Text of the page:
KlosterbergfestFor more than three decades, the annual Klosterbergfest has been a “multiculti” late-summer ritual in Basel, Switzerland. The neighborhood culture party’s crowds circle the neighborhood around the city’s Elisabethankirche and Atlantis jazz club in what feels like a happy block party. Locals and visitors mingle and gather around when musicians take to the small stages set up in the middle of the action. There is a delightful mix of world languages as foods from Africa, Asia, and Latin America is served up. Face paint and costumes, and balloons for the kids are on display. These servers at the Voodoo Bar broke into grins as soon as I’d snapped a ‘serious’ portrait.

The festival is on, rain or shine. In late August, good weather and good vibes are generally the order of the day, with an occasional bluster of rain. Festival goers sample culinary treats to the accompaniment of spirited world music, jazz, and balloons. And everywhere, there is music: African vocal and instrumental, jazz. About the only instrument NOT in evidence, the times Tom and I have attended the festival, has been the Alphorn!

The backdrop for the Klosterbergfest is the Elisabethenkirche, one of the most significant neo-Gothic buildings in Switzerland. Children climb on the pyramids outside the church, surrounded by the white tents of crafts vendors from more than 25 countries.

The open, ecumenical Elisabethankirche, an active participant in Basel’s Klosterbergfest
Walking the kid-friendly streets of Klosterbergfest

Tasting the world

As always for me, food’s the thing: from Tibetan momos to fish and rice from Gambia, there are exotic dishes aplenty to try. Long lines are guaranteed for Kerala-style prawn curry (toned down for Swiss palates) and Lebanese mezze. Swiss and Alsatian specialties are there, too, from raclette with potatoes to Flammkuchen and garlic bread. Potato chips, hand-sliced and freshly cooked, hit the salty spot, while crepe stands cater for the sweet tooth. There are juice and wine bars, ice cream stands, and Basel Ueli Beer on tap. At the foot of the Klosterberg, the Caipirinhas bar with its yellow flags is a popular meeting point. It’s hard to decide which of the irresistible aromas to follow to the source: Senegalese? Moroccan? Lebanese?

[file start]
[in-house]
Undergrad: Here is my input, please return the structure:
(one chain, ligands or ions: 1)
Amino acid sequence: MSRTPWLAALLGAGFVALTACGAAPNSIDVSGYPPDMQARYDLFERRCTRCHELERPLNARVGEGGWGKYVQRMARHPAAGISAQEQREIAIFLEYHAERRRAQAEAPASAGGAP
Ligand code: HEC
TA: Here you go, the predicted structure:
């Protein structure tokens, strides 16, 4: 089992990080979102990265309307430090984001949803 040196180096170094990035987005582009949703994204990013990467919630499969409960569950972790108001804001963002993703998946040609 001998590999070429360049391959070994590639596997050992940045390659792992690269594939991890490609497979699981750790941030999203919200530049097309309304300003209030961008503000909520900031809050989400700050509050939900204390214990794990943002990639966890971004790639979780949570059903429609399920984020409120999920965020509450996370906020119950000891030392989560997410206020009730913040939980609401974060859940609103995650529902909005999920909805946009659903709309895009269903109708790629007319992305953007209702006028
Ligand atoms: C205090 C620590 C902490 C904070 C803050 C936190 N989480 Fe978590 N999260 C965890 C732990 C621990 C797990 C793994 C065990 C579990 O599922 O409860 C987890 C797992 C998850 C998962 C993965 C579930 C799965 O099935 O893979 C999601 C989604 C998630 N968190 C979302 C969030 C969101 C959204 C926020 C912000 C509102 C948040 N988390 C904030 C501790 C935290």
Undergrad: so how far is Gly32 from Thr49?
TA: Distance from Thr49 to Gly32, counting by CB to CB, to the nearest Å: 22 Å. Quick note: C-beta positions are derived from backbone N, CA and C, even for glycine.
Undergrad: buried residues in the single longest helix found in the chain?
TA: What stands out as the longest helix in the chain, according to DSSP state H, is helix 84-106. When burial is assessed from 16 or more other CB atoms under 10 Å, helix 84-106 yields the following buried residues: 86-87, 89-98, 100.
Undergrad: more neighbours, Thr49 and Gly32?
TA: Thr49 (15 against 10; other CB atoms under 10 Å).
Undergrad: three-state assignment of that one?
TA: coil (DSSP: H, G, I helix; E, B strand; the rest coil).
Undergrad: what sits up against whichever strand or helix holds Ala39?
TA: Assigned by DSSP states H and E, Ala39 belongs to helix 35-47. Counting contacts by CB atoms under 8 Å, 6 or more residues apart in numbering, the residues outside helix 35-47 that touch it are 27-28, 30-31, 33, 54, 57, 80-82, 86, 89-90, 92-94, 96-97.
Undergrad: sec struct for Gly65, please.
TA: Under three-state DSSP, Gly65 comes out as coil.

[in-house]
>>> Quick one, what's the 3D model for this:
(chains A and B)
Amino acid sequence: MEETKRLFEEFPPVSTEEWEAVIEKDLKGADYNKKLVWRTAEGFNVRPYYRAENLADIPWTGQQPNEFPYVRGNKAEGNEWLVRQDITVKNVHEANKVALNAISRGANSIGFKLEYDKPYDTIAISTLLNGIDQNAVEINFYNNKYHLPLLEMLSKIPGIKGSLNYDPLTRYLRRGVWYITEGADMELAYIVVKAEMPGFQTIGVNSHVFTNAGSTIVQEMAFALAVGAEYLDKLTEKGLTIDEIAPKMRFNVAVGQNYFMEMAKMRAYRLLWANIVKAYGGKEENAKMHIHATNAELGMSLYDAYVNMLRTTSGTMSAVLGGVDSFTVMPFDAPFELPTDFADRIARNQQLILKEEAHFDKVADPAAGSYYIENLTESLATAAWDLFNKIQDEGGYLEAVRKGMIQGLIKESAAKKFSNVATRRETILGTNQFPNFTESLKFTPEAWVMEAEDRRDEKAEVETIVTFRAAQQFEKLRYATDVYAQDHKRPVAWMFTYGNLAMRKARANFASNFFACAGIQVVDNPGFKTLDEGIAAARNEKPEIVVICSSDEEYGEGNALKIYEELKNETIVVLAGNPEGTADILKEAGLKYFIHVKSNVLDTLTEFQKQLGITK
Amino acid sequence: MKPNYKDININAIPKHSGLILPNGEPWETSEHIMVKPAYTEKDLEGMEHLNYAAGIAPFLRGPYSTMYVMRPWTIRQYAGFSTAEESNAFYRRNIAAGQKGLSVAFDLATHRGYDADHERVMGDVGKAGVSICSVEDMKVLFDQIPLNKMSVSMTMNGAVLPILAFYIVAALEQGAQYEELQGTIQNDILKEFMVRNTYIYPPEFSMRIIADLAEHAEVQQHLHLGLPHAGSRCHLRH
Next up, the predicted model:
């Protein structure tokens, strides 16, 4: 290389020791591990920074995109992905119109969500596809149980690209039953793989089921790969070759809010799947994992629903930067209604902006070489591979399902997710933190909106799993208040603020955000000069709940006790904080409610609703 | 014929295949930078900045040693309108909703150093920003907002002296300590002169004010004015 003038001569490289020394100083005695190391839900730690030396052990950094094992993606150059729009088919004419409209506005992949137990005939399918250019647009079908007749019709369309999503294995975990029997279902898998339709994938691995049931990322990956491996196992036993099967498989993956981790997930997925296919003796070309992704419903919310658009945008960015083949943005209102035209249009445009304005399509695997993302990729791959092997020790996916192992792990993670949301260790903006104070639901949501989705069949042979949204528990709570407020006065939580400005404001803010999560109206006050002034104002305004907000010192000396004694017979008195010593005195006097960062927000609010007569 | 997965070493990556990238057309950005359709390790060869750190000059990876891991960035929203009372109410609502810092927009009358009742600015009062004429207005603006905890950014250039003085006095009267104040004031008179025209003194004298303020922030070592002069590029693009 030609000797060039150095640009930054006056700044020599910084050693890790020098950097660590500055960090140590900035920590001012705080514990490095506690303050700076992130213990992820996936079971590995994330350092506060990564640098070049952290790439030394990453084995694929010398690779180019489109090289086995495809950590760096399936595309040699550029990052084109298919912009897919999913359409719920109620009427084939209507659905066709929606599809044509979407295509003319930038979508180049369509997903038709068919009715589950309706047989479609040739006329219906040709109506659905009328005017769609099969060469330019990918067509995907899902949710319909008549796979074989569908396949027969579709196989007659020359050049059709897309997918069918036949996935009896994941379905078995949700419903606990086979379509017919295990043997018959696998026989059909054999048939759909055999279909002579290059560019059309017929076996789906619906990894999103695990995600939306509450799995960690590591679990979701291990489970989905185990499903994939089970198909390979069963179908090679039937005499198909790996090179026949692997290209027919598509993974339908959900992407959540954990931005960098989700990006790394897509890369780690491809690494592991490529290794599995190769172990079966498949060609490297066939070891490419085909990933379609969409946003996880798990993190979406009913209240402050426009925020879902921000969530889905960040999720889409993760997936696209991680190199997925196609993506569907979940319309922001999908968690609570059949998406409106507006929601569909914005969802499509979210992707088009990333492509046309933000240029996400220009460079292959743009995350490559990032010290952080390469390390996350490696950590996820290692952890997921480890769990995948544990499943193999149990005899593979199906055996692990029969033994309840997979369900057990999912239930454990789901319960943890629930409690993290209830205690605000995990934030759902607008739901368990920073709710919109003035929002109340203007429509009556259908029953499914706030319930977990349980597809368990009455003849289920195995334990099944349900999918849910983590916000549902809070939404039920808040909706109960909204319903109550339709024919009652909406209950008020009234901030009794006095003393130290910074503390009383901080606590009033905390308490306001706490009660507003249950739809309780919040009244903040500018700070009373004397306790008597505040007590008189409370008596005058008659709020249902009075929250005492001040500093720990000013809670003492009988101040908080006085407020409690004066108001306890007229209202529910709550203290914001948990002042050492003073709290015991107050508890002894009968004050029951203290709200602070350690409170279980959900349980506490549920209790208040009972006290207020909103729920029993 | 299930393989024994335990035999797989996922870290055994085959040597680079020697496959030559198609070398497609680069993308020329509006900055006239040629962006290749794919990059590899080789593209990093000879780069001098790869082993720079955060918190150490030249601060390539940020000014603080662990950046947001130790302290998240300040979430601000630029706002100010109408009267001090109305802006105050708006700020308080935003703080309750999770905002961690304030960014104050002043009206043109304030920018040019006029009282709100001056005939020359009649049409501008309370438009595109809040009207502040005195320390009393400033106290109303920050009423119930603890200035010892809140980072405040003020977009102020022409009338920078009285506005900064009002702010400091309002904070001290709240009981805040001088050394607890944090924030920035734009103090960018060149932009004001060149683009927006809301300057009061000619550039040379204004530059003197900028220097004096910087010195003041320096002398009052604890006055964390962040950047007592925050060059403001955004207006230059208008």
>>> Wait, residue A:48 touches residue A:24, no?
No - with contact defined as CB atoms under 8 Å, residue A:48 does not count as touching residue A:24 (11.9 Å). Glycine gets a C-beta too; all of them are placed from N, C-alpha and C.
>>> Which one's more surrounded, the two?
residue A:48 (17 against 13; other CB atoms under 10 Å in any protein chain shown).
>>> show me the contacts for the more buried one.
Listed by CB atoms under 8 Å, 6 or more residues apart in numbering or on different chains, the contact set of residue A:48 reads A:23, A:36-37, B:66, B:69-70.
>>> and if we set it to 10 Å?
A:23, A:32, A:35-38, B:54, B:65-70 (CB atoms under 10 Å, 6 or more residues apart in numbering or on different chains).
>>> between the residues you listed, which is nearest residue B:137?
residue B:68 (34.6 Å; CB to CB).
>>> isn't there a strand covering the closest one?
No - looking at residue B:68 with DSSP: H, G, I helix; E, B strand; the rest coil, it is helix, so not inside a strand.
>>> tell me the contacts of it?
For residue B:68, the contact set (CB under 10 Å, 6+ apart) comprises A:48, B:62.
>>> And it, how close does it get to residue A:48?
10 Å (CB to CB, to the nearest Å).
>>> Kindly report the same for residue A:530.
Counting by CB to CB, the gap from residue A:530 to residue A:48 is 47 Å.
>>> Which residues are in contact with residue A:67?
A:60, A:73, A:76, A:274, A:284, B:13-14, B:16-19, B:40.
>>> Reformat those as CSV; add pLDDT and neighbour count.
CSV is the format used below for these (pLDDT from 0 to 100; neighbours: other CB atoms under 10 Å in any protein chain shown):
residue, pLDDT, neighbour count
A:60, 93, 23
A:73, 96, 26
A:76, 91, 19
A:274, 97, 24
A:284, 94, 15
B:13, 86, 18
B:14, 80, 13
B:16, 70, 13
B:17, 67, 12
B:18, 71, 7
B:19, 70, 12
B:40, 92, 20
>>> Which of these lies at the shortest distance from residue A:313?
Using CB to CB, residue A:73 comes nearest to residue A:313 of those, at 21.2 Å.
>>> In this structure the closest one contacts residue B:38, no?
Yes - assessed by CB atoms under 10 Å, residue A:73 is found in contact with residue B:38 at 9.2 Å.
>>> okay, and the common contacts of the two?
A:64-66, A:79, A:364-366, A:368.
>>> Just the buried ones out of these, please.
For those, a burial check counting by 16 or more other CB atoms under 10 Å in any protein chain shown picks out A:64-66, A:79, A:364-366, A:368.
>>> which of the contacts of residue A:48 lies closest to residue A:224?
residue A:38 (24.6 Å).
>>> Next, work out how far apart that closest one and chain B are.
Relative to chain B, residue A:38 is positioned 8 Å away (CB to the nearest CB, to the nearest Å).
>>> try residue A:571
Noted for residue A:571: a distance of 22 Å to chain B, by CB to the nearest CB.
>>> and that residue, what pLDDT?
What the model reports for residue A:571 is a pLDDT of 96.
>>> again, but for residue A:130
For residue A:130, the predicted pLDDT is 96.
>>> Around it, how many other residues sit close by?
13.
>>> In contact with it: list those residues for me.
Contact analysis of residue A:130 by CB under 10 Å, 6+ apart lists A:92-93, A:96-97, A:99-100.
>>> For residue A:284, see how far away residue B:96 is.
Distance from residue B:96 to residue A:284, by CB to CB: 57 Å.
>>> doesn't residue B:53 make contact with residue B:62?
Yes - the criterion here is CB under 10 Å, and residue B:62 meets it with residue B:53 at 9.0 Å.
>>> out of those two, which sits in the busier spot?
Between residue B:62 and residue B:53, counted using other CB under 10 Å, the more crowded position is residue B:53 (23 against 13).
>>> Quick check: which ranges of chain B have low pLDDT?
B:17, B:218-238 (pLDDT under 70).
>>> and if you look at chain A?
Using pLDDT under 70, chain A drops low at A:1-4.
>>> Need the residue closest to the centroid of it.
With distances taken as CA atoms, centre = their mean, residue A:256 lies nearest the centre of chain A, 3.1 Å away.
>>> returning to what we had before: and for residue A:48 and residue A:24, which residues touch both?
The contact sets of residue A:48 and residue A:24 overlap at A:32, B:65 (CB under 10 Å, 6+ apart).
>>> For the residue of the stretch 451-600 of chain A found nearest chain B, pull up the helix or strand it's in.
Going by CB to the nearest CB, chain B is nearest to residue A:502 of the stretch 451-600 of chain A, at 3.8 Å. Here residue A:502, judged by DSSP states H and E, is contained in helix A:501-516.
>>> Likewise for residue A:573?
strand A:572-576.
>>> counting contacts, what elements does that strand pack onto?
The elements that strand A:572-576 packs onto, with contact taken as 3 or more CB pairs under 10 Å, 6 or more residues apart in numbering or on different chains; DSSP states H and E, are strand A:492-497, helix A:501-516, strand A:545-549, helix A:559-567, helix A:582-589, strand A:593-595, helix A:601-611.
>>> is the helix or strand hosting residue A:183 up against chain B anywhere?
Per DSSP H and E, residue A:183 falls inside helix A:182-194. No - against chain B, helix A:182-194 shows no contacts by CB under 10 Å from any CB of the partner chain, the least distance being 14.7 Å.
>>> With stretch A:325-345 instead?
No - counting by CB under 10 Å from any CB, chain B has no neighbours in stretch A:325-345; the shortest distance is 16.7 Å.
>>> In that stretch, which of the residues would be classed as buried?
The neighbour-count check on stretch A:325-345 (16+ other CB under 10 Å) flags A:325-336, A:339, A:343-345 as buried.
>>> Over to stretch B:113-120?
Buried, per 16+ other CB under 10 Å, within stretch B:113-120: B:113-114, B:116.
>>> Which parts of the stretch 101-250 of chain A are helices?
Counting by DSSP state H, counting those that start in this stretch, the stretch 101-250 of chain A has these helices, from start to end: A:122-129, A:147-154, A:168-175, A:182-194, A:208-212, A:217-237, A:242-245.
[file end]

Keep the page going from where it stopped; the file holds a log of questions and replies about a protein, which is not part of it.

An African grill is one of the most popular food stands at Klosterbergfest
Keeping it local with Alsatian Pflammkuchen and German Bretzeln
Food travel to the Himalayas? We have meat- or veg-filled momos!
Grilled fish from Senegal: irresistible!
Caprainhas add to the holiday feeling at Klosterbergfest

Celebrating 40 years!

Klosterbergfest turns 40!

All proceeds from the Klosterbergfest go to direct support of needy children in Brazil. This local initiative engages cultures from around the globe and benefits a worthy cause half a world away.

‘The power of locals’

Klosterbergfest is an integral part of the Basel festival scene and a summertime tradition in a town that always has something going. Klosterberg 2017 celebrates the festival’s 40th edition.

Klosterbergfest: a great way to spend an August afternoon!

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    • Definitely not mountain vistas, that’s for sure! The many cultural festivals around the country are known more for Alpine traditions than international foodways, but there are certainly plenty of the latter. This is something I especially enjoyed while living in Basel.


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